Employer-Plan Tax Change May Aid Coverage for the Needy
By JOHN D. MCKINNON and DEBORAH SOLOMON
Wall Street Journal, January 16, 2007; Page A6
WASHINGTON -- With health-care costs emerging as one of voters' biggest domestic concerns, President Bush is considering promoting a tax-code change making it easier for people to buy health insurance for themselves in the open market, rather than relying on employers.
The president's coming State of the Union address and annual budget proposal are likely to include other ideas for easing the crunch, Republicans close to the White House said. Those would build on the administration's efforts to encourage states to create special insurance pools for lower-income individuals and small businesses. The administration also is likely to make another push for expanding health savings accounts. The accounts, first authorized in 2003, allow people to save tax-free for health-care needs provided they choose low-cost, high-deductible coverage.
The ultimate idea is to expand health-care coverage while reducing cost pressures, in part by giving people more of a financial incentive to be smart shoppers.
Mr. Bush's emphasis on health issues comes as cost and coverage complaints are drawing attention in Washington -- and in state capitols throughout the country. As employers shift health coverage burdens to employees, state governors -- namely Republicans Mitt Romney of Massachusetts and Arnold Schwarzenegger of California -- as well as the new Democratic Congress have paid more attention to the issue, putting new pressure on the president to join the debate.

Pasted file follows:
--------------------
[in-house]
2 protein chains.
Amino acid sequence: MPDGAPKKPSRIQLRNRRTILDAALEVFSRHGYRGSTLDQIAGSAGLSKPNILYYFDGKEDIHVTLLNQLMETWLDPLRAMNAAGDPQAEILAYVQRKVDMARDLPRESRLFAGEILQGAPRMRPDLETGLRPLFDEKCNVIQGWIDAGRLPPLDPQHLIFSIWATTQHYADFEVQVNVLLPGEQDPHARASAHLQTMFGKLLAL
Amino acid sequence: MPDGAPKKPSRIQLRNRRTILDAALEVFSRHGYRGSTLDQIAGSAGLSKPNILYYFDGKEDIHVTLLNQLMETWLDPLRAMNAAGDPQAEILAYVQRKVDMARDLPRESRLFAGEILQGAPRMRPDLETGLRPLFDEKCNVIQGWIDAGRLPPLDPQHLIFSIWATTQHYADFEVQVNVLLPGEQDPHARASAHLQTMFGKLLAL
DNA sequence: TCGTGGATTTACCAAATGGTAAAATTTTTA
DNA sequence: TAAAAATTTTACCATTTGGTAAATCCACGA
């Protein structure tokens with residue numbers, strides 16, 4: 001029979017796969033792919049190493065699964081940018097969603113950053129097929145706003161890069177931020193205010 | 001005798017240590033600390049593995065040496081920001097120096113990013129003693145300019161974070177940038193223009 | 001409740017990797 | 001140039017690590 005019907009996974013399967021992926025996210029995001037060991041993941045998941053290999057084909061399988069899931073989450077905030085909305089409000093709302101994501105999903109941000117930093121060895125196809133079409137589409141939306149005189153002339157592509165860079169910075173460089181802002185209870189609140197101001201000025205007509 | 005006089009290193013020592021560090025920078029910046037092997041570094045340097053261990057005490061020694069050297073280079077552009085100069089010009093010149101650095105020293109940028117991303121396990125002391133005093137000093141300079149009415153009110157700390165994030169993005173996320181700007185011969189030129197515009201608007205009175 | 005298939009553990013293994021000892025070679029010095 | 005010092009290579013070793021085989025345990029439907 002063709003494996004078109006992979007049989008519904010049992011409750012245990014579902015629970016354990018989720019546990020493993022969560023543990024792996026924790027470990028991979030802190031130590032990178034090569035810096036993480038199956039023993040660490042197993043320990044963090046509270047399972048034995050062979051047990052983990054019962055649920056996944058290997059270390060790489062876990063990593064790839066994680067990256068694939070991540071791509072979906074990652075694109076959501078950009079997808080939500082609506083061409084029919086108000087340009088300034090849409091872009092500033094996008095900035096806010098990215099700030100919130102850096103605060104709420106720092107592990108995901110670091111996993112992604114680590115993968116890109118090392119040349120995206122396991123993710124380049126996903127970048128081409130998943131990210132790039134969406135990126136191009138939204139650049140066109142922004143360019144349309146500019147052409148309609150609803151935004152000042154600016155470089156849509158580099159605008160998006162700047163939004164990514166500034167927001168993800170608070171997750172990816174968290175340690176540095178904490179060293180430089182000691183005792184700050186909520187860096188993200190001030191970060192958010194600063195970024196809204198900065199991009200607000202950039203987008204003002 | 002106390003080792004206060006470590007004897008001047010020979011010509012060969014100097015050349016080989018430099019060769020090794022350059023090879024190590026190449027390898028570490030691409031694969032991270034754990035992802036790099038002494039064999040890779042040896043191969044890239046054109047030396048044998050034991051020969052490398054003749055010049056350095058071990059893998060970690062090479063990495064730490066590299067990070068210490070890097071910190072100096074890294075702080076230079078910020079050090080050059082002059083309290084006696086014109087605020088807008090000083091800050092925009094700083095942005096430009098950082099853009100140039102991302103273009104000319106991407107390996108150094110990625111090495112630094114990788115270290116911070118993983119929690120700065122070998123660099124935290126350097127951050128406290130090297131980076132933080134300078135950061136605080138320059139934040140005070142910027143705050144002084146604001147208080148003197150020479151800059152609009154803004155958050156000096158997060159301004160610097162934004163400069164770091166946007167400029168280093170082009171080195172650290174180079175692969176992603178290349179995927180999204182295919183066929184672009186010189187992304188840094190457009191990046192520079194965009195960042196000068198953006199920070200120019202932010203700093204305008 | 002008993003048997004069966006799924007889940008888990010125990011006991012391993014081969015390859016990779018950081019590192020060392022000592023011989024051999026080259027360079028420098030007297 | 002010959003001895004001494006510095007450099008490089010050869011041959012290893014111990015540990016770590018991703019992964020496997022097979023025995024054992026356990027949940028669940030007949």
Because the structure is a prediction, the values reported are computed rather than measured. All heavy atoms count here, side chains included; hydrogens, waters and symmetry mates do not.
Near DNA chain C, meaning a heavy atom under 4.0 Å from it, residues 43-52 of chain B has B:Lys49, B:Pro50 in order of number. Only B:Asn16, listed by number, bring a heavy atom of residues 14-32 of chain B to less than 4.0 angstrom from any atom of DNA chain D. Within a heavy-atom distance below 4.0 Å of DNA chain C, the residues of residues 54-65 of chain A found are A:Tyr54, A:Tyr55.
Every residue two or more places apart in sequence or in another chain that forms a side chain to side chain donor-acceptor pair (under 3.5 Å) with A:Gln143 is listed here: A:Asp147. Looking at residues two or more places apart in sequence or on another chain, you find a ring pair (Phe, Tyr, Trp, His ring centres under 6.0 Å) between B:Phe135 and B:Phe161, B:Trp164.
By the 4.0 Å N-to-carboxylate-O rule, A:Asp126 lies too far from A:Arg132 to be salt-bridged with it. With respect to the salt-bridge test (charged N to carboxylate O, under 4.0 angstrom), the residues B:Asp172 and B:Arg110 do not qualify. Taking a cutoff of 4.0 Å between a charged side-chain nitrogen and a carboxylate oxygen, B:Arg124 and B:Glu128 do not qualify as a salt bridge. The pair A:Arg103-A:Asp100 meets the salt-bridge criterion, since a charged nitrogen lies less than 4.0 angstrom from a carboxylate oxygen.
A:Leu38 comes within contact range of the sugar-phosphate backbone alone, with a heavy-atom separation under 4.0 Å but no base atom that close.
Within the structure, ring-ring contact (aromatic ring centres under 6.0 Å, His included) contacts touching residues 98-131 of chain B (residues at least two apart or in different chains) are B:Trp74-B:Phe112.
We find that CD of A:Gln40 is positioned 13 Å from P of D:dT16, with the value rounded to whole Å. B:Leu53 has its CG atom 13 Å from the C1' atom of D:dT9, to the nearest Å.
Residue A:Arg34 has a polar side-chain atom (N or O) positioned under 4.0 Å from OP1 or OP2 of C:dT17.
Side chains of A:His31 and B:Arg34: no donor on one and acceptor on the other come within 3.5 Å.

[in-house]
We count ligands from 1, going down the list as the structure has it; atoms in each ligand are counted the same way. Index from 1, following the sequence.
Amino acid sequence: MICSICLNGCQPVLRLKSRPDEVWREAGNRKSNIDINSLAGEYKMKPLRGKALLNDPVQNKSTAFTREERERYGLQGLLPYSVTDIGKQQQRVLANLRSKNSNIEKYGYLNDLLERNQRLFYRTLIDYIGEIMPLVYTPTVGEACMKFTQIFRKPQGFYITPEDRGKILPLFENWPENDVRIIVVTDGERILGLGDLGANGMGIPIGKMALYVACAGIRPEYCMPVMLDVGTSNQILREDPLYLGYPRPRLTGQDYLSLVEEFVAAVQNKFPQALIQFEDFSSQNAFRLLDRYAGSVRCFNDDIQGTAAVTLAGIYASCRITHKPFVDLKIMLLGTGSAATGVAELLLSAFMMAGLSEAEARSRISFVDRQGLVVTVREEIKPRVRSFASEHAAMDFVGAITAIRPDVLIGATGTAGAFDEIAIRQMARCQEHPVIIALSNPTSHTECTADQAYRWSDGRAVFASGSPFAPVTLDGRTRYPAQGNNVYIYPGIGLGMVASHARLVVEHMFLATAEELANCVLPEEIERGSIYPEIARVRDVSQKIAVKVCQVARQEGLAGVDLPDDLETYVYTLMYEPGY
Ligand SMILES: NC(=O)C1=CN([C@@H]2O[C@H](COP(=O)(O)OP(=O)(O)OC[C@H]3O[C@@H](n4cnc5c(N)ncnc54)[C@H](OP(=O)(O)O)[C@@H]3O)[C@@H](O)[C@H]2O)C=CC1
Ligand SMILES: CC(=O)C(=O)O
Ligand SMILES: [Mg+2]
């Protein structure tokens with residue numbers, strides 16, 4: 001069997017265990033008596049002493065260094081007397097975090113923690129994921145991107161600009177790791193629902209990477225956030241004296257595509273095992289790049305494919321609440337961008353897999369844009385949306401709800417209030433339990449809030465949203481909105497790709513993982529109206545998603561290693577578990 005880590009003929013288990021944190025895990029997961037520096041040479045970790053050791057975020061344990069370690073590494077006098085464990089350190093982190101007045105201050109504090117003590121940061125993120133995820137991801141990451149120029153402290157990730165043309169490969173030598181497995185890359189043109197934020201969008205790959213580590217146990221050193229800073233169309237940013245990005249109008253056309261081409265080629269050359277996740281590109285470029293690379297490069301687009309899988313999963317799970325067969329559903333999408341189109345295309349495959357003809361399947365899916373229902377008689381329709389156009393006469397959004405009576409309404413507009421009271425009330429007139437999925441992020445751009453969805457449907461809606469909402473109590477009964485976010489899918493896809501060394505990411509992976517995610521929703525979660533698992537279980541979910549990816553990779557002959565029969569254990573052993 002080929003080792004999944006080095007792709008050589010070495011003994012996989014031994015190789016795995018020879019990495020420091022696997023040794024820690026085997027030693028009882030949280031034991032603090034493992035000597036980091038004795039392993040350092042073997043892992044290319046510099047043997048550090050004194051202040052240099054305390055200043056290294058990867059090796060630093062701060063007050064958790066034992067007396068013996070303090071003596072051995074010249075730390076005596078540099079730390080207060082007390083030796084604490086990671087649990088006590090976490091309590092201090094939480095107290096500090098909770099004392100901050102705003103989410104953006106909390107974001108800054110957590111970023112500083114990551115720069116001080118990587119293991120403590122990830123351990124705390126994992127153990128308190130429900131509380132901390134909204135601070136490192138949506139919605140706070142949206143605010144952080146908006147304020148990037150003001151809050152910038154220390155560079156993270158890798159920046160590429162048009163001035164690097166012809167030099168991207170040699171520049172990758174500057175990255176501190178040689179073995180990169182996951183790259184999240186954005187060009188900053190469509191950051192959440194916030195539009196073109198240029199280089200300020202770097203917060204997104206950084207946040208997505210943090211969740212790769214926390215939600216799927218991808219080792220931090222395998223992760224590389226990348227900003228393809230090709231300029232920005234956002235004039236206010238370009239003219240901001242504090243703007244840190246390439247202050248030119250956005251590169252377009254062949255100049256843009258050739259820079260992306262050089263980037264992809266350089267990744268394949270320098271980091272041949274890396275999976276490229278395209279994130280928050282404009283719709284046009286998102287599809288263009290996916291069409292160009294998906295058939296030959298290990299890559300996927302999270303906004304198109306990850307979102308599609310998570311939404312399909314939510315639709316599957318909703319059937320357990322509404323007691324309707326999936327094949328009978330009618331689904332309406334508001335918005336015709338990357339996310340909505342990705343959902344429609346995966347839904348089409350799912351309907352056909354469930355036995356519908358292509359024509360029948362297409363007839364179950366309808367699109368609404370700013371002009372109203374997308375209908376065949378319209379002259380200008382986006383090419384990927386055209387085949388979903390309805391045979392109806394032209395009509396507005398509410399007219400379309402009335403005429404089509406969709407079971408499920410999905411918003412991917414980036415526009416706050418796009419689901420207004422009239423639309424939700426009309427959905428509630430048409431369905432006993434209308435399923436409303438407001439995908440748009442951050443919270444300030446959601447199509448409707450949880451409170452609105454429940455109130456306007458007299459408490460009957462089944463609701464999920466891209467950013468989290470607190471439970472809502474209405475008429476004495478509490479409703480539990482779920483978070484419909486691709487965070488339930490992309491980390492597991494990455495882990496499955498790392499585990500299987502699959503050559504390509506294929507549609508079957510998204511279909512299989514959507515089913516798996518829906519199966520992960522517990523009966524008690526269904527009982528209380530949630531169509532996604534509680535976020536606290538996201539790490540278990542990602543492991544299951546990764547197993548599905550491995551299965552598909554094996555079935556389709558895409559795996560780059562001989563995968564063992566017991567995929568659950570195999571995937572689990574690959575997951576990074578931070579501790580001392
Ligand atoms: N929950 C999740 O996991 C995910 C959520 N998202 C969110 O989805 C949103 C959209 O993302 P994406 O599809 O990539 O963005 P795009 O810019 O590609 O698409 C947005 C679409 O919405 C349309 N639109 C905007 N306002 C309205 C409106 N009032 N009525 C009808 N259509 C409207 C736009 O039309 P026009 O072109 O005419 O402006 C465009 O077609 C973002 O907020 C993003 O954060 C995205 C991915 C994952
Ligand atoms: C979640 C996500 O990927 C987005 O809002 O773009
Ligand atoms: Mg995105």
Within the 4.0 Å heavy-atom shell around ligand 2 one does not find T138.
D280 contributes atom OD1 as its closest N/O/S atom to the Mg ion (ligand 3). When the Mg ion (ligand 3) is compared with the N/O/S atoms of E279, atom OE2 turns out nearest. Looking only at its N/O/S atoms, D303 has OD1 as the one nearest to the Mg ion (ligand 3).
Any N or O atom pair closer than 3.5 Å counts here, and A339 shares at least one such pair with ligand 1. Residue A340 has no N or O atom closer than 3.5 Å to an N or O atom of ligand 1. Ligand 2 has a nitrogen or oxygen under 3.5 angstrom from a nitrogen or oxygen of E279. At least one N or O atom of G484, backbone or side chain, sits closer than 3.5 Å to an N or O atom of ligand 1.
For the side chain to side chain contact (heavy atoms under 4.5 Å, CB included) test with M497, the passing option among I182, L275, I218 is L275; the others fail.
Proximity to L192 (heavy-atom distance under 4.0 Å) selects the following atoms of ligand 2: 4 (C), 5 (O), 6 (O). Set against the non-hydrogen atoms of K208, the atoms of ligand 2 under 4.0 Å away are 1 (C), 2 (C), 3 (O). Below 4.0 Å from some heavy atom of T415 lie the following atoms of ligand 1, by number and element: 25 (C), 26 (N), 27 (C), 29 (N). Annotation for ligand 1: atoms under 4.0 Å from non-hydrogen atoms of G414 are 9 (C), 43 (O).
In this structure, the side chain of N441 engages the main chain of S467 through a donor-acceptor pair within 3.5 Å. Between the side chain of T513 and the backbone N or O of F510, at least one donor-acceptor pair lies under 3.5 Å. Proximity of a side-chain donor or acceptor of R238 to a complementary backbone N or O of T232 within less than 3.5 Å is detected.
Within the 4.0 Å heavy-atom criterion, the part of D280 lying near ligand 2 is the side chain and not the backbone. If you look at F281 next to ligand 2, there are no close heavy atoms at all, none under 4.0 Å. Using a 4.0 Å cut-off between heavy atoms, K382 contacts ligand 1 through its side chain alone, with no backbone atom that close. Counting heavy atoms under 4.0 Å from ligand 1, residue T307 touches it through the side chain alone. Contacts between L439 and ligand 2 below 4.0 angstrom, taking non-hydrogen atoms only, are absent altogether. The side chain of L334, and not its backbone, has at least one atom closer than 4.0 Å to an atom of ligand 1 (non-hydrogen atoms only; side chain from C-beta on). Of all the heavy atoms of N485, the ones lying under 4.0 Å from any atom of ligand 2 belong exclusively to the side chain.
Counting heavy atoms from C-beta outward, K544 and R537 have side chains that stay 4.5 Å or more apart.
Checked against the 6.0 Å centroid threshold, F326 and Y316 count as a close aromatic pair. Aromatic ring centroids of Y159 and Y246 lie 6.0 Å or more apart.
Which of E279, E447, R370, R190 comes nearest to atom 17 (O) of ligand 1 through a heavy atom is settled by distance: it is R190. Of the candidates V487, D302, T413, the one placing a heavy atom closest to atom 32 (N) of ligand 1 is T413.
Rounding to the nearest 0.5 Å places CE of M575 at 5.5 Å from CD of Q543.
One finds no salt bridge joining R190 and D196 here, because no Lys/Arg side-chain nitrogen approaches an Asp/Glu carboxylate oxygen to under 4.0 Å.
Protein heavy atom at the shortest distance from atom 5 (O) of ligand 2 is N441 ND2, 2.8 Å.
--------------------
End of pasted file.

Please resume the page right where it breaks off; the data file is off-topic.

The examination of health care comes as Mr. Bush looks to define a domestic agenda in the final two years of a presidency that increasingly is being overshadowed by Iraq and hemmed in by newly empowered Democrats. In a recent op-ed in The Wall Street Journal, Mr. Bush listed "affordable health care" among "the biggest issues facing the American people" along with energy security and comprehensive immigration reform. He added "I look forward to working with Congress on these difficult issues." White House spokesman Tony Fratto declined to comment on specific proposals under consideration but said: "The President has said that for all Americans, we must confront the rising cost of care, strengthen the doctor-patient relationship, and help people afford the insurance coverage they need."
While President Bush advocated some health-care changes last year -- an expansion of health savings accounts and computerization of patient records -- they were more modest than what is currently under consideration.
The big new idea this year could involve tax changes around employer-provided plans. While officials said major decisions are still being made, the White House tax proposal likely would cap some taxpayers' ability to exclude employer-provided health care from their income, as part of an effort to broaden availability of health-care insurance.